242 BC

By place[edit]

Roman Republic[edit]
Egypt[edit]


241 BC

By place[edit]

Greece[edit]
  • The Eurypontid King of Sparta, Agis IV, is called away from Sparta when Aratus of Sicyon, temporarily Sparta's ally, requests Agis' aid in his war against the Aetolians. Upon his return, Agis finds that his supporters are discontented with the rule of his uncle, Agesilaus, and are disillusioned by the delay in implementing the Agis IV's reforms. As a result, the Agiad king of Sparta, Leonidas II, gains power, supported by mercenaries. Rather than engage in a war with Leonidas, Agis takes sanctuary in a temple, but is enticed out, summarily tried and then executed, along with his mother and grandmother.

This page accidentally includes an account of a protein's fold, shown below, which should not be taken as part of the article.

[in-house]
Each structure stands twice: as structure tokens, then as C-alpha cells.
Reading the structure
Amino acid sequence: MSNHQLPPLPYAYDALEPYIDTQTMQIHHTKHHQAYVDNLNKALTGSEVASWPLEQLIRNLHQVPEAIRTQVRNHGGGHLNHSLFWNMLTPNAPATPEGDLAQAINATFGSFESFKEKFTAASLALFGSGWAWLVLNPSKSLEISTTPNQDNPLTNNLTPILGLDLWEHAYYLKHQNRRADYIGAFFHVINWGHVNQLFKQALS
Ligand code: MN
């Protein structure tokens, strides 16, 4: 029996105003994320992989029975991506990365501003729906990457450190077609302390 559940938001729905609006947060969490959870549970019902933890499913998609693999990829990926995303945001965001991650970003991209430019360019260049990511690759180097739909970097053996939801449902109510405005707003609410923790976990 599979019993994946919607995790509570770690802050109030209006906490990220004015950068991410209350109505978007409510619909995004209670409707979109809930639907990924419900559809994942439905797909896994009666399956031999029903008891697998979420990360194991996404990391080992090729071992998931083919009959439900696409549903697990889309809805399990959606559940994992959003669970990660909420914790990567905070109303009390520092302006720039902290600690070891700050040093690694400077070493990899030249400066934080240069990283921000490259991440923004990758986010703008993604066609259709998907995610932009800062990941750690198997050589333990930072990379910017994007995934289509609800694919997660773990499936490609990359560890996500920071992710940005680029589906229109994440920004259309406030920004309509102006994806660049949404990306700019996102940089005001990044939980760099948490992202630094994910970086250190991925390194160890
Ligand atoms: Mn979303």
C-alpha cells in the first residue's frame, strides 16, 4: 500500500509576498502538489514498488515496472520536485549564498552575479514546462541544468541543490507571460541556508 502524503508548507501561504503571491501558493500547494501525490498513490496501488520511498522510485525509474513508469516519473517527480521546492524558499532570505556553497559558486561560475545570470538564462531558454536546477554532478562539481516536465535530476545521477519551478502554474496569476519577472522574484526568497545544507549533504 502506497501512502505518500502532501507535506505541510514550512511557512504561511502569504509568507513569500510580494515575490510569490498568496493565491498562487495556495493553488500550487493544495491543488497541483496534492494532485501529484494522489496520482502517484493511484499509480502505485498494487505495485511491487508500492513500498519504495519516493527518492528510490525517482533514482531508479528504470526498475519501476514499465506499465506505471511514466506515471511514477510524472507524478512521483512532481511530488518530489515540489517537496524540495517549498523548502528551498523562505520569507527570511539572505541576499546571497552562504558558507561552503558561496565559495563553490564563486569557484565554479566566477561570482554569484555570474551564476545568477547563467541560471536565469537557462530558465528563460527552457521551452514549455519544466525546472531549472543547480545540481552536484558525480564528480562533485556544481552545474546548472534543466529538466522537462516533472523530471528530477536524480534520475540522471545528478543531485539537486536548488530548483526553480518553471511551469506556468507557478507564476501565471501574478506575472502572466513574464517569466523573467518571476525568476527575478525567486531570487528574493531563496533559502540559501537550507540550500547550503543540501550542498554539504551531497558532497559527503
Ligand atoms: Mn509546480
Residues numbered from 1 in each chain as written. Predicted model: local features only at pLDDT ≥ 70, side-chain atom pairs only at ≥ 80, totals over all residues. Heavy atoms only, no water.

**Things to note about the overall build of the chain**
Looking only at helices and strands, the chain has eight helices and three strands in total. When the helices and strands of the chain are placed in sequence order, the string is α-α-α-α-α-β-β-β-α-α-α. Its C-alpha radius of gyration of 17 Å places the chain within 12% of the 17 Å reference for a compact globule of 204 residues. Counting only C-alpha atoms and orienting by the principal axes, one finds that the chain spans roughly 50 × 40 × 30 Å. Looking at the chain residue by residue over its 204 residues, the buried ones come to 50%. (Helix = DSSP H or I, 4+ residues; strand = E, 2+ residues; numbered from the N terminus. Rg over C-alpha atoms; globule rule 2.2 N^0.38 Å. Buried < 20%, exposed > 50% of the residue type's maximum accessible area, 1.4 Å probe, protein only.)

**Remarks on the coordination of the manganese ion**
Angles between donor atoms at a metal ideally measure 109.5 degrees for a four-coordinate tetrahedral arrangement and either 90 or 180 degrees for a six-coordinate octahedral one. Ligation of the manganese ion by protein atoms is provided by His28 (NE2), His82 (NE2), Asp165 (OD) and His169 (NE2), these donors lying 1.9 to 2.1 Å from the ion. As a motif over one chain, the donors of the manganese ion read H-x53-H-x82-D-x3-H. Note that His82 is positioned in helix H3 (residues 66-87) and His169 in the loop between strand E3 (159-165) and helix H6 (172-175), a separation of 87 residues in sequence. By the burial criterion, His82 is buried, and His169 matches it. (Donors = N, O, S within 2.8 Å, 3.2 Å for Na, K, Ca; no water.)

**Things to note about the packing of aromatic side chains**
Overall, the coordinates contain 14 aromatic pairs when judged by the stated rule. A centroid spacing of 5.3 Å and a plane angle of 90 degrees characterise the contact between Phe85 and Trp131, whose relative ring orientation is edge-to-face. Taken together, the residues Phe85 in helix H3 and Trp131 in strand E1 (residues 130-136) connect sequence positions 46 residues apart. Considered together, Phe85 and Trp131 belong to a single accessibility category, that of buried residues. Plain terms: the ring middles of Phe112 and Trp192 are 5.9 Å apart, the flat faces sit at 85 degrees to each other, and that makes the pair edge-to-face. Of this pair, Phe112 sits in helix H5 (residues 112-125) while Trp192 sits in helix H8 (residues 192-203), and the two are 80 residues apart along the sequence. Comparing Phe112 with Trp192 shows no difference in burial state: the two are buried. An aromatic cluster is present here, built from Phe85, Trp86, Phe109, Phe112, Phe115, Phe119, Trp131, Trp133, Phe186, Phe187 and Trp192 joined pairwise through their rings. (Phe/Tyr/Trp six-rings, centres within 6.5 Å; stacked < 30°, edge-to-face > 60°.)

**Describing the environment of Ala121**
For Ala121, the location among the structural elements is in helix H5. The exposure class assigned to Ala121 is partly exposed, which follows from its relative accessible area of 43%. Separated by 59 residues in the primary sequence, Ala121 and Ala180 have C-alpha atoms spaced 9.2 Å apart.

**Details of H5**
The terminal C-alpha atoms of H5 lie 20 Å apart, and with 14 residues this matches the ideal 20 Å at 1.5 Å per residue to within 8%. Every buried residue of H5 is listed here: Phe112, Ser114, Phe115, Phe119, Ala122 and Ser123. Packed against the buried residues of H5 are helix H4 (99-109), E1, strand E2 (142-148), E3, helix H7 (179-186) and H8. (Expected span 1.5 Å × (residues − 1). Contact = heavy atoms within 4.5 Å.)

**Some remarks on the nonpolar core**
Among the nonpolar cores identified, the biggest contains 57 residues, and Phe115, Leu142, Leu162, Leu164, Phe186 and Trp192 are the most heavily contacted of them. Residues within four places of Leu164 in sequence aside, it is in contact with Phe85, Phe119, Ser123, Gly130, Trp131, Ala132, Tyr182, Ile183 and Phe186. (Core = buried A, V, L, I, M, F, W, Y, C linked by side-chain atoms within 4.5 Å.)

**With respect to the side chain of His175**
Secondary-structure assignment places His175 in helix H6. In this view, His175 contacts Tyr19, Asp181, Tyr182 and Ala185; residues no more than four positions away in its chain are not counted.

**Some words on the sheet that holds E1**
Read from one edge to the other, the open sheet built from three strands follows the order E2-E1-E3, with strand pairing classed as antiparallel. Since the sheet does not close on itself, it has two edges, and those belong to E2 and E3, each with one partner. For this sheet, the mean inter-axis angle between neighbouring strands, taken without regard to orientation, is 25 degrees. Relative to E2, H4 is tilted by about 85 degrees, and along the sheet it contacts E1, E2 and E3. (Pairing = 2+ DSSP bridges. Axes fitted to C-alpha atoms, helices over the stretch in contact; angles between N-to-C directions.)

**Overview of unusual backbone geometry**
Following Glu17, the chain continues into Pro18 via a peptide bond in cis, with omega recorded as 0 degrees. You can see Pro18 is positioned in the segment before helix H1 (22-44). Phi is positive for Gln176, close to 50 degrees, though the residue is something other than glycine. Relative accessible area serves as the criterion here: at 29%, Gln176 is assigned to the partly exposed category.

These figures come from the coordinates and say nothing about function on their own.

• Archidamus V, son of the Spartan King, Eudamidas II, and grandson of Archidamus IV, flees to Messenia after the murder of his brother Agis IV.
  • As general of the Achaean League, Aratus of Sicyon defeats the Aetolians at Pellene and then pursues a policy of establishing democracies in the Peloponnese.
Roman Republic[edit]
  • March 10 – The Carthaginian fleet sent to relieve the Roman blockade of the Sicilian cities of Lilybaeum and Drepanum is totally defeated near the Aegates Islands off western Sicily by the Roman fleet led by Roman consul and commander Gaius Lutatius Catulus. The result is a decisive Roman victory which forces an end to the protracted First Punic War, to Rome's distinct advantage.